Deer hunting is a pursuit deeply rooted in tradition and ethics.
It requires not only skill but also responsible choices when it comes to firearms and ammunition.
One such choice that often sparks debate among hunters is whether it’s advisable to use a .17 HMR (Hornady Magnum Rimfire) for deer hunting.
In this article, we’ll explore the reasons why using a .17 HMR for deer hunting is generally considered a bad idea, from ethical concerns to practical limitations.
What is a .17 HMR?
Before we dive into the ethics and practicality of using a .17 HMR for deer hunting, let’s understand what this caliber is all about.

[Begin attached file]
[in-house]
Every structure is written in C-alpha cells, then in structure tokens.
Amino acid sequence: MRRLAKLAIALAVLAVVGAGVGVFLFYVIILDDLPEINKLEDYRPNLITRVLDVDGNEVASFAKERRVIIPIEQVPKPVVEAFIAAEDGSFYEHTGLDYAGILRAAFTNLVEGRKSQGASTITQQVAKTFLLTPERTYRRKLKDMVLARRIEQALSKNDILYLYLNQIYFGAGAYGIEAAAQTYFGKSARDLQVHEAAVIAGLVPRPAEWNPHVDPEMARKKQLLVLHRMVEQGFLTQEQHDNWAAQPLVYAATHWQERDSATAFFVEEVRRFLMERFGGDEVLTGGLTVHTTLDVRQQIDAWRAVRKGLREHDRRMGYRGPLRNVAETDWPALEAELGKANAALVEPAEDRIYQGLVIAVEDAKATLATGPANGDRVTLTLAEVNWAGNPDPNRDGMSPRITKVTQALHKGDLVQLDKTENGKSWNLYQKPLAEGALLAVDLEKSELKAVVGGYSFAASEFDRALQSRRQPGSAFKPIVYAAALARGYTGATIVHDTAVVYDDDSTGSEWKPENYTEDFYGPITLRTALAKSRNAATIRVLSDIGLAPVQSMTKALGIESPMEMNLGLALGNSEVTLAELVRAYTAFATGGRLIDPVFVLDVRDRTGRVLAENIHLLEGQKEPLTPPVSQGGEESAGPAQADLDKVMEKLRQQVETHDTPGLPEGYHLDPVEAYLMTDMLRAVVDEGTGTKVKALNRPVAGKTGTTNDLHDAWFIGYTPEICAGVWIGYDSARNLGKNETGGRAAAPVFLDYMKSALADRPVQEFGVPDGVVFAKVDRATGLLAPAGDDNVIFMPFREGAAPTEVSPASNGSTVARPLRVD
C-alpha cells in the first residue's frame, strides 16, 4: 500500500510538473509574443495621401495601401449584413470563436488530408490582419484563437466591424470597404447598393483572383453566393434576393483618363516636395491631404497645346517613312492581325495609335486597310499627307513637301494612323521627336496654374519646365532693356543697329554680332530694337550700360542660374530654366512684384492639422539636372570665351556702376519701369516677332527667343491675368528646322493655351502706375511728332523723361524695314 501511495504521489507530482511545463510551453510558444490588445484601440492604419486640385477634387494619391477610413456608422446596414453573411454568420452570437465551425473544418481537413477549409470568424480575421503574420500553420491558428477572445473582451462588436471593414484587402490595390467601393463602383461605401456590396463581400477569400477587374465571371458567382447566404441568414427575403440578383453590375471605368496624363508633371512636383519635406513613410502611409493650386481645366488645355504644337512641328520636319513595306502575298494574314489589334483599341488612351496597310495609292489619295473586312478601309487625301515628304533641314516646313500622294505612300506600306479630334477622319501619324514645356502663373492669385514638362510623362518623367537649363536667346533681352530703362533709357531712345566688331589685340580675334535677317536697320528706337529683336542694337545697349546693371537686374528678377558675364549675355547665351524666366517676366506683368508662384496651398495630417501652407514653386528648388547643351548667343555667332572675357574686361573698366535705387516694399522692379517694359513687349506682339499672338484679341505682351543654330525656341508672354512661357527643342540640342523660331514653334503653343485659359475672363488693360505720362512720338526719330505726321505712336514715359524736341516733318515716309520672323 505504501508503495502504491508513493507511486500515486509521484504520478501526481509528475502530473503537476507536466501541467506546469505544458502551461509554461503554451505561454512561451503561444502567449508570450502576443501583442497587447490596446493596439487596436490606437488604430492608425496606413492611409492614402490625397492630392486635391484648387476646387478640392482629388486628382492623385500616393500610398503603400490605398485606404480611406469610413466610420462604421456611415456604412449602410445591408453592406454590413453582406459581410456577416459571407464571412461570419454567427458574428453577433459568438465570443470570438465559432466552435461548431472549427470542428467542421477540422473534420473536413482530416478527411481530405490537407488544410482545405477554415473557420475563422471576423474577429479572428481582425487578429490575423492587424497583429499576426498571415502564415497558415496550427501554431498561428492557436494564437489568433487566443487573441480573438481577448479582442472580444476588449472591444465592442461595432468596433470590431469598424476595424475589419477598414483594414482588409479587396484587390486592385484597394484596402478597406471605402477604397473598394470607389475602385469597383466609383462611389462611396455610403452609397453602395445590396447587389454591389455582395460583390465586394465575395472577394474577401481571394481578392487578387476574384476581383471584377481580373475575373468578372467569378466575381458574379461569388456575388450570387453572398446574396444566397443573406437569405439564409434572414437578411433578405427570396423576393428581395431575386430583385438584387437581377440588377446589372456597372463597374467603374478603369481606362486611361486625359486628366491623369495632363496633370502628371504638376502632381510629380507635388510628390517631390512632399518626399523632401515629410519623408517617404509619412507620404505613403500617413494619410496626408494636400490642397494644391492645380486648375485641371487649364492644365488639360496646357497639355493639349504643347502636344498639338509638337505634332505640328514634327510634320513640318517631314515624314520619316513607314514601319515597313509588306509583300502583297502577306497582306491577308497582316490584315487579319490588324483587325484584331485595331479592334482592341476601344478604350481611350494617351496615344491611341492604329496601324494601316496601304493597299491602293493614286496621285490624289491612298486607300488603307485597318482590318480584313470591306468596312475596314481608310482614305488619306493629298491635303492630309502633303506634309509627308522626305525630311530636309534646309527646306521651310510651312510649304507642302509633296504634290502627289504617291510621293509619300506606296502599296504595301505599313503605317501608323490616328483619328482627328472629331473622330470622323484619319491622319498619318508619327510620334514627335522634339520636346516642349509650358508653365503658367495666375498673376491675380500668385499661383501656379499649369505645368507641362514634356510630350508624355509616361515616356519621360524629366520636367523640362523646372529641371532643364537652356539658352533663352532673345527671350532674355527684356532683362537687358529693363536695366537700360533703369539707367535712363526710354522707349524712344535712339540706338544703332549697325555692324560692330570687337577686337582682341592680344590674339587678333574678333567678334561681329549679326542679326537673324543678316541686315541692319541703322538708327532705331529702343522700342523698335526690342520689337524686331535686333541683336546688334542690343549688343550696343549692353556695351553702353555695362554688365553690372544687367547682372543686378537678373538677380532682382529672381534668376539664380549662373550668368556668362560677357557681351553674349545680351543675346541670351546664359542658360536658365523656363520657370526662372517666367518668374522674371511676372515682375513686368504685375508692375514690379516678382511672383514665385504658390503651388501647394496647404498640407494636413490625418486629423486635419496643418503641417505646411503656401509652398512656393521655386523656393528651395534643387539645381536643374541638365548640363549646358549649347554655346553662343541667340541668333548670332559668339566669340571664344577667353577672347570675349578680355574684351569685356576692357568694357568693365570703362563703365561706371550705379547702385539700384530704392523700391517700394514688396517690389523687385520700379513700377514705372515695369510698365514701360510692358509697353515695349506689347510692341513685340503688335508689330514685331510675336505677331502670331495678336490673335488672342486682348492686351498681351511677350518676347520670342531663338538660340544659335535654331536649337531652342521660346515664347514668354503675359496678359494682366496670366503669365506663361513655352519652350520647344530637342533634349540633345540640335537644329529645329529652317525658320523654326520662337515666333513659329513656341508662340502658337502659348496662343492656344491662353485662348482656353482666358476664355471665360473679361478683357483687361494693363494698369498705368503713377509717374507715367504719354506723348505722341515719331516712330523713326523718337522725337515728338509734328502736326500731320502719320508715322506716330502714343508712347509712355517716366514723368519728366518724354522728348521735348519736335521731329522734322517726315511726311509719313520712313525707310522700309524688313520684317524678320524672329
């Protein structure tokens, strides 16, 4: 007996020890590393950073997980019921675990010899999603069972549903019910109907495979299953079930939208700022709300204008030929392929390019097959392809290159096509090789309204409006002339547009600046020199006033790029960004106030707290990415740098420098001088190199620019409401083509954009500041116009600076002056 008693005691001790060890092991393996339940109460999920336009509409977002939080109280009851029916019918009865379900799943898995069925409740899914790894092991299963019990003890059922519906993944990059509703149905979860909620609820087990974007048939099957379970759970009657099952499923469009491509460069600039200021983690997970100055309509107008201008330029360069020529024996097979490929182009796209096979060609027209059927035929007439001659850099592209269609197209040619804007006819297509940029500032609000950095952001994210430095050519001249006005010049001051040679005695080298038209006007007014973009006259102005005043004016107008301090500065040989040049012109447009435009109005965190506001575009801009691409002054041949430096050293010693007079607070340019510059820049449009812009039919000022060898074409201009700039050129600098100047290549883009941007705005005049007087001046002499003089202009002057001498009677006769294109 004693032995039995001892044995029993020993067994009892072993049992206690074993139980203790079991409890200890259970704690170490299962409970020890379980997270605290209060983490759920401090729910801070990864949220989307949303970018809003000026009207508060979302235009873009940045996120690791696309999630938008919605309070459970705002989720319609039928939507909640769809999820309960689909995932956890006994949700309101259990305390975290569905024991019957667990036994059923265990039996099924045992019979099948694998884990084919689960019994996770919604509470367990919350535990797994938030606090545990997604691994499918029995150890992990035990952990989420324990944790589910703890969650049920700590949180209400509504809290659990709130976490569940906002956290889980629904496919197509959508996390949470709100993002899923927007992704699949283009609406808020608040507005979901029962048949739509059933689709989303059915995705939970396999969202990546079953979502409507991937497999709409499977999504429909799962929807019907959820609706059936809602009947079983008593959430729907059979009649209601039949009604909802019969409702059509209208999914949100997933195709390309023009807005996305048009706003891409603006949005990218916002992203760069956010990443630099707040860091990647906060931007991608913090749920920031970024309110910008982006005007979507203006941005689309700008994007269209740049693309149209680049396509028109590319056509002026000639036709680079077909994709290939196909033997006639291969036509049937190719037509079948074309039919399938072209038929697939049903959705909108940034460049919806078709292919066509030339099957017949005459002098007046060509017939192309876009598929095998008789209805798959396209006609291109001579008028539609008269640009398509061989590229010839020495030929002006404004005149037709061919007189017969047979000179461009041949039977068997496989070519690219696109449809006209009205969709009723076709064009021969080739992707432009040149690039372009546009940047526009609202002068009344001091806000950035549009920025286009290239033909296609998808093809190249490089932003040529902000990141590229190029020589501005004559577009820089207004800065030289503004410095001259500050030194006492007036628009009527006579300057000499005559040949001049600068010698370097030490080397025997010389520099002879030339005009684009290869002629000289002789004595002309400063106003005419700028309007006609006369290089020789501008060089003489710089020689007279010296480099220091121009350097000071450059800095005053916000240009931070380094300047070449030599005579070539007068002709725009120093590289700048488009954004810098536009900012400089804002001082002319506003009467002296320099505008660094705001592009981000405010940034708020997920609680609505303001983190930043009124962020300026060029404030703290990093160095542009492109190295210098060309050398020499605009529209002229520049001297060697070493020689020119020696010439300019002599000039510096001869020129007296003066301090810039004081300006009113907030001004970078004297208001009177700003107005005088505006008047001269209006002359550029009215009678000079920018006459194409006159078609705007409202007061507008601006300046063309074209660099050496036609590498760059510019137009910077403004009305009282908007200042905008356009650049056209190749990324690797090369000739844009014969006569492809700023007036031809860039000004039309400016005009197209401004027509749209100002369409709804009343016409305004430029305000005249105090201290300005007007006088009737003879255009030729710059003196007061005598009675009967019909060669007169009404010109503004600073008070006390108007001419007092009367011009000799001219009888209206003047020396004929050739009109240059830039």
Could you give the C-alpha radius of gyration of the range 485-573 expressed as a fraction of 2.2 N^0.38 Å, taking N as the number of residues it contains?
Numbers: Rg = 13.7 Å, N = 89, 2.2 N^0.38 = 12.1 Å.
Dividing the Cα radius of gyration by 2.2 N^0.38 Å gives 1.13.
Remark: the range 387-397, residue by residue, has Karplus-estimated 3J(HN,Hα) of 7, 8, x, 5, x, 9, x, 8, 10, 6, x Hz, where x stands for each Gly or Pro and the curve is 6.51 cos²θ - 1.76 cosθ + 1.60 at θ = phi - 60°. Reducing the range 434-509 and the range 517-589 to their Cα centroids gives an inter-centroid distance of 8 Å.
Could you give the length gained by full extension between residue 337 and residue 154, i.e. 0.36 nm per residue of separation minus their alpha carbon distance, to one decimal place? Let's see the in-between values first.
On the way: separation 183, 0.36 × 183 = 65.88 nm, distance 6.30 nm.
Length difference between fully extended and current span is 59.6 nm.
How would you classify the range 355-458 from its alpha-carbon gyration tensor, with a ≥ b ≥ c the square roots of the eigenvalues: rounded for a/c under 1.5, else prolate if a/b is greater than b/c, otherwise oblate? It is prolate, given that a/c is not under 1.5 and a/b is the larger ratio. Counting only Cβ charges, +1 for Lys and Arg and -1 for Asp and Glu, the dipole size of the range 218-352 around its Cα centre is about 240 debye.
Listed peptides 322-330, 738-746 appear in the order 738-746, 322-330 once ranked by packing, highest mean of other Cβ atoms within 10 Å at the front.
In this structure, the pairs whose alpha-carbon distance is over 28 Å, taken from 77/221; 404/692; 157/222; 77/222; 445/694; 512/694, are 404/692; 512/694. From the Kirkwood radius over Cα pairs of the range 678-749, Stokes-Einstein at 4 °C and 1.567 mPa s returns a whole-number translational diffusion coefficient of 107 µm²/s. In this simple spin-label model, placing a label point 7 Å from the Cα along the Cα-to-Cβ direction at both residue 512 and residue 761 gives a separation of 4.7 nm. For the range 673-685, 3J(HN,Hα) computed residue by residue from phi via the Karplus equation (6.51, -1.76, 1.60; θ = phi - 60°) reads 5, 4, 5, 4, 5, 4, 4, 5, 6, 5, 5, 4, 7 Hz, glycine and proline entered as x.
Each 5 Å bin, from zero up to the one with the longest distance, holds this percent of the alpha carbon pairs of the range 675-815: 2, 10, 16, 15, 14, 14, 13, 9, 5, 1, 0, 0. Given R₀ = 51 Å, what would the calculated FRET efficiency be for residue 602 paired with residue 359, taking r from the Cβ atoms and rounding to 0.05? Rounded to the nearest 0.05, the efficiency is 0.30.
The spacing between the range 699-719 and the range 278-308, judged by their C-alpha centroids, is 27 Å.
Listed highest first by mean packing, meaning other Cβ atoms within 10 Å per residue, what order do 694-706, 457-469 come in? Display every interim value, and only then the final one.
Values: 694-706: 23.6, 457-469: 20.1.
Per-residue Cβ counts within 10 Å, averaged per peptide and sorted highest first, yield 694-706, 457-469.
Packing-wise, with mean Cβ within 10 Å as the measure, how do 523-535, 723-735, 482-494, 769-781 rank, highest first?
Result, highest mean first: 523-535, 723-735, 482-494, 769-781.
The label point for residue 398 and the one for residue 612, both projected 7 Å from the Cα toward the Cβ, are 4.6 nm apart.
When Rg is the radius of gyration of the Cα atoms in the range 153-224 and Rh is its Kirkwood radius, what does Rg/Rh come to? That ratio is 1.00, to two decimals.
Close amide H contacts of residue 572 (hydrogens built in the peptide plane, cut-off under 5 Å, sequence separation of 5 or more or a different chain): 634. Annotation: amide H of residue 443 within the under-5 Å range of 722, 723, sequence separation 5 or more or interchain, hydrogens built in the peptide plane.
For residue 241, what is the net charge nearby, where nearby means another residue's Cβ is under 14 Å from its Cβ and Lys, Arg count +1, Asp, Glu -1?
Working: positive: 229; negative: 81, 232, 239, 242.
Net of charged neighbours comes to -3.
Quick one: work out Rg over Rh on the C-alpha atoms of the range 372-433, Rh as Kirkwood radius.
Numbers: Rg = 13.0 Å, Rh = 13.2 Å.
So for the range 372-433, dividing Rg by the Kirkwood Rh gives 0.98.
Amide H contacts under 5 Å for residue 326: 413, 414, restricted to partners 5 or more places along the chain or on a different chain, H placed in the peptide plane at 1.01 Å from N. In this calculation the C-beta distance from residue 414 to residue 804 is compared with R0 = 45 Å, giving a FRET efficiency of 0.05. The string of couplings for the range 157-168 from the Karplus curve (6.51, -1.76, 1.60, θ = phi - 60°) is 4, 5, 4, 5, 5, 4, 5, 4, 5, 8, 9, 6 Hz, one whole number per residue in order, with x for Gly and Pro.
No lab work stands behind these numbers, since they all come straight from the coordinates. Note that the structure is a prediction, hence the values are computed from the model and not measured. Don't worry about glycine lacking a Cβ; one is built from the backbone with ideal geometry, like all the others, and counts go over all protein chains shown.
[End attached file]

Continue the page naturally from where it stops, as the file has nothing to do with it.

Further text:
The .17 HMR is a rimfire cartridge known for its high velocity and flat trajectory.
It is a relatively recent addition to the world of ammunition.
Originally designed for varmint hunting and precision shooting at small game like prairie dogs, it has gained popularity in recent years due to its accuracy and low recoil.
The .17 HMR is based on a necked-down .22 Magnum case, with a bullet diameter of 0.172 inches (4.37 mm).
Benefits of the .17 HMR
What sets it apart is its high-velocity design, capable of pushing lightweight bullets at speeds exceeding 2,500 feet per second.
This extraordinary velocity, combined with a flat trajectory, makes it a favorite among varmint hunters and target shooters, especially for small game.
The most commonly notes benefits of the .17 HMR are: